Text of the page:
Quadrant 4: Unknowable –
Things that your future spouse does not presently know about himself or herself or that do not manifest until the future.
Quadrant 1 - Conspicuous Facts
A plethora of public information is available about businesses and industries, big and small. Google is always a great starting place but there are numerous other free public sources of information, including the company website, the U.S. Securities and Exchange Commission (www.sec.gov), Wisconsin Circuit Court Access (https://wcca.wicourts.gov/), the Wisconsin Department of Financial Institutions (www.wdfi.org/corporations/), the U.S. Patent and Trademark Office (www.uspto.gov), industry and trade association websites, social media (for example, LinkedIn) and the Better Business Bureau (www.bbb.org/wisconsin).
If the M&A partner refuses to discuss certain matters or is not willing to provide representations and warranties about critical matters, this can be a tell-tale sign that there is not a good fit.
It is crucial to conduct thorough research about your potential M&A partner and its reputation in the industry. It is also important to review publicly available information about the principals of the business to understand their reputations.
I strongly encourage my clients to thoroughly assess publicly available information before engaging lawyers, bankers, and accountants to get involved, for two reasons. First, it is more cost-effective to avoid engaging third parties prematurely. Second, public research can reveal immediate disqualifiers for a potential target that can be flushed out early in the process.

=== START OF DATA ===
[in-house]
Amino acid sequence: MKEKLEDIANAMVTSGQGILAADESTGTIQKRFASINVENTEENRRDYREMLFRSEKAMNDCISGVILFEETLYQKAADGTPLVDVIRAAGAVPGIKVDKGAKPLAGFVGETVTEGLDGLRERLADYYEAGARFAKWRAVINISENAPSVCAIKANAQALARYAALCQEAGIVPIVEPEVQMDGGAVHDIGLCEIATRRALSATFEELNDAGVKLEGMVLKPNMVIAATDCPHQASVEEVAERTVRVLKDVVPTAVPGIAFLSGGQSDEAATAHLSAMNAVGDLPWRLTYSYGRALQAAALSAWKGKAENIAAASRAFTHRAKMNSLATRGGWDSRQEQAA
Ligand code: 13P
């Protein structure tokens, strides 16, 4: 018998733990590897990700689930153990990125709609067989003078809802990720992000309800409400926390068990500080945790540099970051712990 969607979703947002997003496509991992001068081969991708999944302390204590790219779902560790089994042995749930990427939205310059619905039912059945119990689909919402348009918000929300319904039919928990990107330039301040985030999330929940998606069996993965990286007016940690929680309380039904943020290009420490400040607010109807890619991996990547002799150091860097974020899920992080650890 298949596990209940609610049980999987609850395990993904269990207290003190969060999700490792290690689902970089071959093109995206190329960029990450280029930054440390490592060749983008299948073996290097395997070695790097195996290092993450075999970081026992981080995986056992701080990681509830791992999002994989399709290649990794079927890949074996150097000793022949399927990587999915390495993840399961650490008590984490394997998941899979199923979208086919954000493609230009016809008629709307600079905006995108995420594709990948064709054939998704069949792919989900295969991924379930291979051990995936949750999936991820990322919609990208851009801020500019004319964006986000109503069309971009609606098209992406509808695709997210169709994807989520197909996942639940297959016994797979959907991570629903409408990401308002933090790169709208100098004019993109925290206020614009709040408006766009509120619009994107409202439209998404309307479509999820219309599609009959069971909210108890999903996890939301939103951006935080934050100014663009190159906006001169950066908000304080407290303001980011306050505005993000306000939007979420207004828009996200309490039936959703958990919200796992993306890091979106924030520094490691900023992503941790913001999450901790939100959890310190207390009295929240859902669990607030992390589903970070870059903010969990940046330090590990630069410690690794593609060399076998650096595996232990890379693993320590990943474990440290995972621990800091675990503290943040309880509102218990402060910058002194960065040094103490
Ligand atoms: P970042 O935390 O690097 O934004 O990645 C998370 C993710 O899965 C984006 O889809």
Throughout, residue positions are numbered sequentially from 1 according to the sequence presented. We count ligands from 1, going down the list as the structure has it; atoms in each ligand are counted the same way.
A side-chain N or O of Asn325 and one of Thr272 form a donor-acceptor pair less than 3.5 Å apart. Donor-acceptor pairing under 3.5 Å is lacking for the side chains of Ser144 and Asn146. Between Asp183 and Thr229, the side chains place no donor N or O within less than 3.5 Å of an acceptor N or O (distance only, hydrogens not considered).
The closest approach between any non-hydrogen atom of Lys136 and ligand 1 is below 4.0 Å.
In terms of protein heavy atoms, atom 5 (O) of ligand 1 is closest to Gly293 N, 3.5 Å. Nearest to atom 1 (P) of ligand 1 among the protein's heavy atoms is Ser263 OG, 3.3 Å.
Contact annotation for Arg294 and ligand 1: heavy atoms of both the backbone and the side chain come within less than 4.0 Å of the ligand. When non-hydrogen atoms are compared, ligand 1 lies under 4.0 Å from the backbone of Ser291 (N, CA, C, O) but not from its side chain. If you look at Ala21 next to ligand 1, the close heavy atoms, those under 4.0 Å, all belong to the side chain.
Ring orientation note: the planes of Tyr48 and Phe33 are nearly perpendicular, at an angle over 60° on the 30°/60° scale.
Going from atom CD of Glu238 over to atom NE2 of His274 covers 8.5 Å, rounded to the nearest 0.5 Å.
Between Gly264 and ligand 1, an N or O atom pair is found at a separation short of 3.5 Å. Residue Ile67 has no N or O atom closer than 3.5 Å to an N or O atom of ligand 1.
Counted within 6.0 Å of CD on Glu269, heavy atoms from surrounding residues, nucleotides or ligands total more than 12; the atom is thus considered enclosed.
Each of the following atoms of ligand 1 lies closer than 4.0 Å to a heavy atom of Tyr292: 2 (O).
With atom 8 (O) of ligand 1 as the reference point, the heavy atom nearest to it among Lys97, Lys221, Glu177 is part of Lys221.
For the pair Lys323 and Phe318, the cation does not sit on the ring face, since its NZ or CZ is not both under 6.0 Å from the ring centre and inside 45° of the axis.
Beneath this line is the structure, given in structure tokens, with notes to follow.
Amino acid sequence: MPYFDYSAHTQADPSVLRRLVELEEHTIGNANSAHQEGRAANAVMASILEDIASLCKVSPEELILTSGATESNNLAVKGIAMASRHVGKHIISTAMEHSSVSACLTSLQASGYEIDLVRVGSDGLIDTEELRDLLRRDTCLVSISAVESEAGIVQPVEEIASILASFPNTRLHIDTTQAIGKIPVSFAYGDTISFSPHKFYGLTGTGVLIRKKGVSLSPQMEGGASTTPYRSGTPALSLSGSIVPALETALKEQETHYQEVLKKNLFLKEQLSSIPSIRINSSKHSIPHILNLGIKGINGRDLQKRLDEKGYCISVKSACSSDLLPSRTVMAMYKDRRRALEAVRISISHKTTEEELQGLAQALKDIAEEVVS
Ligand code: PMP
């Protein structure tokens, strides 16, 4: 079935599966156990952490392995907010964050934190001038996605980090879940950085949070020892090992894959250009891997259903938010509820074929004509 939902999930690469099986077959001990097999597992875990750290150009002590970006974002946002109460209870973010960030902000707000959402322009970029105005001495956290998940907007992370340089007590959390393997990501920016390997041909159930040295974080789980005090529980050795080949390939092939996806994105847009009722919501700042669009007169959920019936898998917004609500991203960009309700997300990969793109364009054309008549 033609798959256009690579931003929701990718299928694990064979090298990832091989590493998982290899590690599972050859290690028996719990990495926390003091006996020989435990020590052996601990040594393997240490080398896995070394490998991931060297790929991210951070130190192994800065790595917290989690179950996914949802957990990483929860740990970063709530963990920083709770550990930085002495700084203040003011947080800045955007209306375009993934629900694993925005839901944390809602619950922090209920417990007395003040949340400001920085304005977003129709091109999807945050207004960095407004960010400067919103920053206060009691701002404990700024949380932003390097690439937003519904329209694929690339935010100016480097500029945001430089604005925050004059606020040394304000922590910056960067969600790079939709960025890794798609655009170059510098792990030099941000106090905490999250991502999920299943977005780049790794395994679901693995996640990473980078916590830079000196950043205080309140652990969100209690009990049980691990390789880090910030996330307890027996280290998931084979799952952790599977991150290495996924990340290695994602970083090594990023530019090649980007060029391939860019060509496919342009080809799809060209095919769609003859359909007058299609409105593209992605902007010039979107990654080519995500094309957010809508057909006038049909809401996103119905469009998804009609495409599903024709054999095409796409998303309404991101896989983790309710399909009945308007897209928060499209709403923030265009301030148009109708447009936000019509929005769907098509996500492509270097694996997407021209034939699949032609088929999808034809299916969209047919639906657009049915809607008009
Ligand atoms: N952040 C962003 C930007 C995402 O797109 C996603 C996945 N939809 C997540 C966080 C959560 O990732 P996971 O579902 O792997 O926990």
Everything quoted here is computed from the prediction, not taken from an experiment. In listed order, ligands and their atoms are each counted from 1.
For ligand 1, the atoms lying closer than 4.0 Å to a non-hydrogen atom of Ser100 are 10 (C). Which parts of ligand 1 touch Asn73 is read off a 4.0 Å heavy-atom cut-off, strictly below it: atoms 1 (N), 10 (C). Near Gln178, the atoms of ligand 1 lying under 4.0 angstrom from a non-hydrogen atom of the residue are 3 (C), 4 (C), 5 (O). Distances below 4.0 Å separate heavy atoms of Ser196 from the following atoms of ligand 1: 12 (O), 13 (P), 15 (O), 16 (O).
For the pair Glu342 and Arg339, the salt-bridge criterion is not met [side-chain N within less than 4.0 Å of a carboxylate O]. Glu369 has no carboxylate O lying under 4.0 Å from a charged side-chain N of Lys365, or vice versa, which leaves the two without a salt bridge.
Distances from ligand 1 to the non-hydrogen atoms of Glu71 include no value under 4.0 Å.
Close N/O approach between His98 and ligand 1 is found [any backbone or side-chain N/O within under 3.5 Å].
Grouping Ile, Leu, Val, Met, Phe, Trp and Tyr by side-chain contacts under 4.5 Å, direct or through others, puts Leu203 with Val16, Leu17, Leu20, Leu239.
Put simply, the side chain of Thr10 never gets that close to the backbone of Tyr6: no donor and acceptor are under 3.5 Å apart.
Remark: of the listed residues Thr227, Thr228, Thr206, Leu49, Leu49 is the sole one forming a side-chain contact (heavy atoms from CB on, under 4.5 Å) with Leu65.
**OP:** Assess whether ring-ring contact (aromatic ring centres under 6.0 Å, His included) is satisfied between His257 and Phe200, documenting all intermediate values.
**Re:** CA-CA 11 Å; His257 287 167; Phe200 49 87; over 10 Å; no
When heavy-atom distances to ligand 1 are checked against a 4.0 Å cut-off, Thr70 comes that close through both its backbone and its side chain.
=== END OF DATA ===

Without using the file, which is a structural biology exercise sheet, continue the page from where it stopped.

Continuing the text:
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Quadrant 2 - Revelations
After you have initiated conversations with your potential M&A partner, the formal courting process begins. Your M&A partner will request that you sign a confidentiality agreement to confirm that you will not disclose sensitive proprietary information or use the partner’s information to its detriment.
After the confidentiality agreement is signed, typically the acquirer will provide the potential M&A partner with a due diligence request list. These lists can be 20-30 pages long and intimidating for the individuals who receive them. However, the importance of requesting everything under the sun cannot be overstated. The typical list will include requests for financial statements and forecasts, organizational documents, material contracts, environmental contingencies, intellectual property, real property leases and ownership records, debt and equity agreements, employee benefits documents, union agreements, insurance coverage, and litigation and notices regarding legal and regulatory compliance issues.
I strongly encourage my clients to thoroughly assess publicly available information before engaging lawyers, bankers, and accountants to get involved.